More linguistic adventures today with our Guardian Juan. Today he learned to say, “good-bye” and I learned the Google Translate I was using to talk to him about the household items we would buy in the afternoon was set for Spanish from Spain and not Central America.
I was thrilled at first to learn that “una barbacoa” was Spanish for BBQ, which Mr. Yolkobsen had asked us to find at the Antigua Guatemala market. Since it sounds so much like English, I thought I would not have trouble remembering this useful noun. Alas, Juan looked at the screen in a way that made him the poster kid for the perennially perplexed. Turns out “estufa con carbon” or something like that was the ticket. Not so easy to remember, but I will carry on.
Though the Antigua Guatemala market has many interesting and alluring items, we headed off to get the most mundane of house wares. These included: a toilet brush (“bano cepillo”); large bucket (una cubeta); cloths for dusting and wiping this massive colonial house; vinegar for cleaning the thousands of little panes of glass in la casa; and a plastic basin for me to soak my feet. (The Antigua Guatemala cobblestone streets kill my feet no matter what shoes I wear.)
At least I was able to say to him in Spanish that I would be going out at 1 o’clock and returning at 2 o’clock in time for our market foray. While I was playing language roulette with Juan, Mr. Y was a the dentist having a root canal. So I wanted to go and get some soup and ice cream at El Bodegon (the large American-style super market across the street from the main and more traditional/real ”mercado” on the Alameda Santa Lucia).
Aside from our language experiments on poor Juan, we are also testing out dentists here in Antigua Guatemala. Mr. Yolkobsen needs a root canal, a new crown and an impacted wisdom tooth pulled. He found a father and son dentist team who practise state-of-the art dentistry. Clinicas De la Cruz La Antigua Guatemala. The son studied dentistry in Rochester NY. (By the way, he said he froze his you-know-what off in both places.) The bill for all of this would have cost at least $7,000 in Toronto. The Antigua Guatemala “dentistas” are charging us circa 5,800 Quetzales, about $725. ”!Que bueno!”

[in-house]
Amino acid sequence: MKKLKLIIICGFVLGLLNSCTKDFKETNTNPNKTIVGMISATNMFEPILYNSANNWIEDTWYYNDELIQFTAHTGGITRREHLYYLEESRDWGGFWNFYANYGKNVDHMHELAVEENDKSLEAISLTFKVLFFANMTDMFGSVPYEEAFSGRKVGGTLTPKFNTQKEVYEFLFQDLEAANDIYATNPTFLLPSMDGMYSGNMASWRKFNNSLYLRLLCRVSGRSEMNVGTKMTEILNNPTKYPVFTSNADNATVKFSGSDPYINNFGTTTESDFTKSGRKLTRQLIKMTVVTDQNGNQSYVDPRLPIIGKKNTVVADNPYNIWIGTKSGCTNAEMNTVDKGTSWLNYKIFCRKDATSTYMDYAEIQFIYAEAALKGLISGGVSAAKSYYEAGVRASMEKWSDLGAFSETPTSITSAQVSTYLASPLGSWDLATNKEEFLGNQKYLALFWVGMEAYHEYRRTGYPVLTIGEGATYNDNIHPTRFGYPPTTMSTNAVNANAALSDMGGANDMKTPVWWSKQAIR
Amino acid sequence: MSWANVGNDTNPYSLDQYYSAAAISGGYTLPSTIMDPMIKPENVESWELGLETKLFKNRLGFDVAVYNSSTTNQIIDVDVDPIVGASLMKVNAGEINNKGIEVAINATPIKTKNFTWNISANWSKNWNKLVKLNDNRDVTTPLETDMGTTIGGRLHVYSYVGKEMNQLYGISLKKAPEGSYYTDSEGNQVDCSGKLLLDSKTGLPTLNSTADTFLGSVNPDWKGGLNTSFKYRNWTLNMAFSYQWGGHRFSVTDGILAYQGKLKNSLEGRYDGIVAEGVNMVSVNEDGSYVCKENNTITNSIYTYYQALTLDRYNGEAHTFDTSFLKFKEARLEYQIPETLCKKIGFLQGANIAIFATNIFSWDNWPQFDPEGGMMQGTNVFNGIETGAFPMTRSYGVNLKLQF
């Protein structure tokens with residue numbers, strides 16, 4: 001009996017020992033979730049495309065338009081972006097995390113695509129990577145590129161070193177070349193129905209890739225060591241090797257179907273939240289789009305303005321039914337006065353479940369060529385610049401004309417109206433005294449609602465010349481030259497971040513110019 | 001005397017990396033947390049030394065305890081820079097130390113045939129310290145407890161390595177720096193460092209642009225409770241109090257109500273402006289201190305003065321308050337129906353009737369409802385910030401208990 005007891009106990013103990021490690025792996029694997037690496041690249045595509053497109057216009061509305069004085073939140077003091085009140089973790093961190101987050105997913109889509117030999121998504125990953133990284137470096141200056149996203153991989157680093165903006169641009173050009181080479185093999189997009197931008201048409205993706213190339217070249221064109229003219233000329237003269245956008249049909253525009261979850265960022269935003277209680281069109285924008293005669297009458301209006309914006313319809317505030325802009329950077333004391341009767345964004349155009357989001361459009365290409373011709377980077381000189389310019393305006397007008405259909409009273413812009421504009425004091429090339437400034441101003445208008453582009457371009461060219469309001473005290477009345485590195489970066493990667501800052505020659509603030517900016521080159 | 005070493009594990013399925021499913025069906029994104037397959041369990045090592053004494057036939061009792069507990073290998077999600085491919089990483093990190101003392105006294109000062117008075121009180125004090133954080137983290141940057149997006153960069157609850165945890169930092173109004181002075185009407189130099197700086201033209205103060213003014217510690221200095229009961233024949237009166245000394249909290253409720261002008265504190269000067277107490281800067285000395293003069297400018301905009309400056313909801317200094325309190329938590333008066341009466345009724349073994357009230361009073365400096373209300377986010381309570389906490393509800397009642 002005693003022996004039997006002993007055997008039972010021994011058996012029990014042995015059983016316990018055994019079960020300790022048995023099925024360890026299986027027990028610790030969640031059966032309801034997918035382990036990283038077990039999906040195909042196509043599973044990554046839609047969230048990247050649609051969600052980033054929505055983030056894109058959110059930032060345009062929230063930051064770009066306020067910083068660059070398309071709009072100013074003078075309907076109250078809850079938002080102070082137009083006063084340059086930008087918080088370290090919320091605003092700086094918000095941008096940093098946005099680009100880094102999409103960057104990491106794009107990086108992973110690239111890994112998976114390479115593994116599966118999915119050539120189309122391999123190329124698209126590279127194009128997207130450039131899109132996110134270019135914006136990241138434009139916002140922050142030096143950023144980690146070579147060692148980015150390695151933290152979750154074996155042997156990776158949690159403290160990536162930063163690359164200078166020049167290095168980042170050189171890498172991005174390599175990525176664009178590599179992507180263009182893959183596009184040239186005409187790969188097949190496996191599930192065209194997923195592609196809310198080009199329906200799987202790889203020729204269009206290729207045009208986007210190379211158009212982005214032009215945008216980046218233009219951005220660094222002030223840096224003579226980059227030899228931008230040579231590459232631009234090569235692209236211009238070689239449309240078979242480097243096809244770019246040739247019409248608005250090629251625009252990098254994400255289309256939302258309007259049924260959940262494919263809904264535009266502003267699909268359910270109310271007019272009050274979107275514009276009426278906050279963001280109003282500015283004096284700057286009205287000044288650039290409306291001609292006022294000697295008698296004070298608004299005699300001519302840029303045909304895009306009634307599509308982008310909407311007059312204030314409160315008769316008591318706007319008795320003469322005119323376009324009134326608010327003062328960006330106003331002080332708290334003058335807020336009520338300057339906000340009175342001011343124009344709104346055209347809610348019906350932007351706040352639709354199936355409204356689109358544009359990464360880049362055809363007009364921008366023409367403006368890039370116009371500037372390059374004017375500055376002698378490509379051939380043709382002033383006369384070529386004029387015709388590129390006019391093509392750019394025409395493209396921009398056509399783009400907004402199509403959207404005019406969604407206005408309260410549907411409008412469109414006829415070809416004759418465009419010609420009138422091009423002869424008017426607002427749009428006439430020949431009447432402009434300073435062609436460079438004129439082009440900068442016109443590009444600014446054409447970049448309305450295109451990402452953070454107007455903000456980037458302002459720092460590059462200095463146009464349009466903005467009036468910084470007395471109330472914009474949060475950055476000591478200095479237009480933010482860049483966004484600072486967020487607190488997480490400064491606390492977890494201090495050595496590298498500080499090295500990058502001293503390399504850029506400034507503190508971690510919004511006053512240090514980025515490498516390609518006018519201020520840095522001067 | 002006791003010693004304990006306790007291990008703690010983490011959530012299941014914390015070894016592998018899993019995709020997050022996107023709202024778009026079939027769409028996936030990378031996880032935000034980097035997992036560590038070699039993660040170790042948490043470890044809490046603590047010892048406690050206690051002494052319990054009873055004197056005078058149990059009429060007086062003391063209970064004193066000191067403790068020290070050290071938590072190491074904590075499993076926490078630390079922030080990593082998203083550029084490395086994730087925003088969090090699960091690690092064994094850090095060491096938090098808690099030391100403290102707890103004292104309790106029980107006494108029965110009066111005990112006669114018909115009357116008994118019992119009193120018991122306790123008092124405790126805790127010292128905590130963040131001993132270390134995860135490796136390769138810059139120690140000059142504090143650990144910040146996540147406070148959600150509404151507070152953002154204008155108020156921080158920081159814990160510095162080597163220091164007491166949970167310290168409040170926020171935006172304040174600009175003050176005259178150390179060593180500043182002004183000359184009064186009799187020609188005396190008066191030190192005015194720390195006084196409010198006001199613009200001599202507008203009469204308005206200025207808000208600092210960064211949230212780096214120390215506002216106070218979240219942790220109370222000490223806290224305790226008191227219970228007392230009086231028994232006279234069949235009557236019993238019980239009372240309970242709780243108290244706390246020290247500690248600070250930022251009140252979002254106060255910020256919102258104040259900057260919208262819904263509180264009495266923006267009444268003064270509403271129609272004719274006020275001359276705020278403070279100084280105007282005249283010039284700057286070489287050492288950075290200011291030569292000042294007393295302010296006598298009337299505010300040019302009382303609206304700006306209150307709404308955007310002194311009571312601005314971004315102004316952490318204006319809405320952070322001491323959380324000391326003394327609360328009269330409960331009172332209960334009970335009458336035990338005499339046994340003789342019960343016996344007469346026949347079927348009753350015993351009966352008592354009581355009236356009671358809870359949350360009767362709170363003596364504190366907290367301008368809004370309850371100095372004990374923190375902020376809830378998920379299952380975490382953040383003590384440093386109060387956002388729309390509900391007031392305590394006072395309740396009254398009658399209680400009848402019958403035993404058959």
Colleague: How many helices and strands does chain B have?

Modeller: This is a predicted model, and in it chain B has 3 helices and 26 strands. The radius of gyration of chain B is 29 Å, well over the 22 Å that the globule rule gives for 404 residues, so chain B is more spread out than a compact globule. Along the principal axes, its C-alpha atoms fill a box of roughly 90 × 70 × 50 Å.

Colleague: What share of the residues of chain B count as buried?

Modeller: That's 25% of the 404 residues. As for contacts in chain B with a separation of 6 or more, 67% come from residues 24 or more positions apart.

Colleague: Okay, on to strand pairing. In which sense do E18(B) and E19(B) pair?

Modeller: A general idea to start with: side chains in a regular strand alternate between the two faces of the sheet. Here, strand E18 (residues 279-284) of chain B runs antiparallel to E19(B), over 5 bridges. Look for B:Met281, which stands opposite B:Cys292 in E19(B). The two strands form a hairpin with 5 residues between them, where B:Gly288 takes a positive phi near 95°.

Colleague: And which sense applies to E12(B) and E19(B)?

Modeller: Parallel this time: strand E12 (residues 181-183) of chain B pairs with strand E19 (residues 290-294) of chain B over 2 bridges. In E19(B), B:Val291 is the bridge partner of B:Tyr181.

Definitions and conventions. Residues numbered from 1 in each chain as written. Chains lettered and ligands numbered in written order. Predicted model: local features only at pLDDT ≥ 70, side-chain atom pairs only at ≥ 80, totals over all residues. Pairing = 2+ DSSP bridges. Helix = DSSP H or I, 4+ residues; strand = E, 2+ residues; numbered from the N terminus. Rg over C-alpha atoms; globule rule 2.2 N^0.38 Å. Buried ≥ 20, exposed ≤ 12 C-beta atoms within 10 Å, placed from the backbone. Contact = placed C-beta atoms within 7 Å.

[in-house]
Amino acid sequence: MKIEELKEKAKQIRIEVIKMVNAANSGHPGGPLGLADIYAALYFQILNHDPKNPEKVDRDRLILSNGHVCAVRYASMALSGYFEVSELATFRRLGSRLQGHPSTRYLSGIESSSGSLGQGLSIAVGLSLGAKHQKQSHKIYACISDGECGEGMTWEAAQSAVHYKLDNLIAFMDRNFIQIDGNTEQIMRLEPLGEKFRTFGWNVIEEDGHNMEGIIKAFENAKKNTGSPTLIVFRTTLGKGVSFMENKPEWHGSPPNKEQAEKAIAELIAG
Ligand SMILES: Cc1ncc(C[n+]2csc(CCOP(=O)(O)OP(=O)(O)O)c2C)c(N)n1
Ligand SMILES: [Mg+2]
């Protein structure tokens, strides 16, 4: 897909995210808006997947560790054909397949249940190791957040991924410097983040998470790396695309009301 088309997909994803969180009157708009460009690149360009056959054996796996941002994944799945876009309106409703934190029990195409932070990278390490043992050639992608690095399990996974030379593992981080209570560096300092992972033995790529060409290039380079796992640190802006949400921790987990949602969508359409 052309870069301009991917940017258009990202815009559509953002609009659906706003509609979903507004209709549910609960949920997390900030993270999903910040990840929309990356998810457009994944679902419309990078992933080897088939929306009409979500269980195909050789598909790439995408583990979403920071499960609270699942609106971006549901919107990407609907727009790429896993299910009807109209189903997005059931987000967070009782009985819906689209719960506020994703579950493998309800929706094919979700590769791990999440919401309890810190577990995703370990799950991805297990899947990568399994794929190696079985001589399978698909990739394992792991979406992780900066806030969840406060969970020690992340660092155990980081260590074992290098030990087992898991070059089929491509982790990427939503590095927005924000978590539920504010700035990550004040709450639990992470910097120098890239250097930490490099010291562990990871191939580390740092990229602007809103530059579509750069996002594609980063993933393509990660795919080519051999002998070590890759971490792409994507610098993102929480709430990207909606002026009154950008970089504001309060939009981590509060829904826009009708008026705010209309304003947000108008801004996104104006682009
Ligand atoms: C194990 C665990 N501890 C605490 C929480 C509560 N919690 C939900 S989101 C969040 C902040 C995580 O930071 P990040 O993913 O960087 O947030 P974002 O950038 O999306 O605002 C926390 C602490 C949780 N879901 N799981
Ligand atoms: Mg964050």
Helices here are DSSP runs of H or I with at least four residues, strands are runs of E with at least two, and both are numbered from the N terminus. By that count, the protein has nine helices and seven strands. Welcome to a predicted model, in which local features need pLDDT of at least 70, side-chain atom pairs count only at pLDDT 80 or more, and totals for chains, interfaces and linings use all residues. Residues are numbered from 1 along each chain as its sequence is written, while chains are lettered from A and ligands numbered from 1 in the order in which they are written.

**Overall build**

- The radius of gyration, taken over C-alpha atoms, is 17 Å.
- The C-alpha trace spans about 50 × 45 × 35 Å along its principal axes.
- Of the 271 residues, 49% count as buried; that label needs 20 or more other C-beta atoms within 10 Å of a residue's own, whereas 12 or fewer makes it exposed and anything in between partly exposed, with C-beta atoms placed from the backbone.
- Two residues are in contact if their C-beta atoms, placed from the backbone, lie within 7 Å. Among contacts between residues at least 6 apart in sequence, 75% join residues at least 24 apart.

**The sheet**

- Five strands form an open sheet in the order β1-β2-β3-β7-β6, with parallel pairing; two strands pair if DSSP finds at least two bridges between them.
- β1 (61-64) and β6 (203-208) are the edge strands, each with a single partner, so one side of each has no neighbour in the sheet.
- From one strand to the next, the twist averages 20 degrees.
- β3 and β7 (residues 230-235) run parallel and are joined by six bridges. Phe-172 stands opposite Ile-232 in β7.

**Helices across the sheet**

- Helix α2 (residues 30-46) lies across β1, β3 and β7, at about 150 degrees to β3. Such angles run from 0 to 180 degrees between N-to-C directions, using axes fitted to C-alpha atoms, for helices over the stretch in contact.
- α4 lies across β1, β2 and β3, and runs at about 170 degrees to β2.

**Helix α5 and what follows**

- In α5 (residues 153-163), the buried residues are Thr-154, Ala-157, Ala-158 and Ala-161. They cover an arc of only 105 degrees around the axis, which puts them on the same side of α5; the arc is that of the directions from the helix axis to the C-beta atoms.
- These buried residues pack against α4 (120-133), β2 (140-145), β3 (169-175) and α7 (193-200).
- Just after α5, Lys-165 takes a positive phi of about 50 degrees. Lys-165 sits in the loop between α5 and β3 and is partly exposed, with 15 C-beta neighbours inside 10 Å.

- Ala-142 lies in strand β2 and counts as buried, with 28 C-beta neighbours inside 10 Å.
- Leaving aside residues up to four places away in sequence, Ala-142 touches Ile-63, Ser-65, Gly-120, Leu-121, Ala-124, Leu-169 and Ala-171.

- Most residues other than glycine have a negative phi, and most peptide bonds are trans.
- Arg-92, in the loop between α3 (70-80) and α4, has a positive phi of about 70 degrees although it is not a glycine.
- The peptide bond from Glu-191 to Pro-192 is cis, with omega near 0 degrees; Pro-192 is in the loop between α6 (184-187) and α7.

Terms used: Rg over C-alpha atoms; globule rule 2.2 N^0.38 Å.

The irony is that my Toronto dentist, a lovely woman with amazing green eyes and a strong Romanian accent, warned me against the so-called third world dentistry to be found here. She insisted I take a prescription for antibiotics since I was “entertaining,” as she so eloquently put it, an infection around one tooth. The price for that consultation, which included a cleaning from the hygienist was $200. I think I will get these dentistas to help me stop entertaining whatever else is going on in my gringo yapper as soon as Mr. Y finishes serving as my dental guinea pig.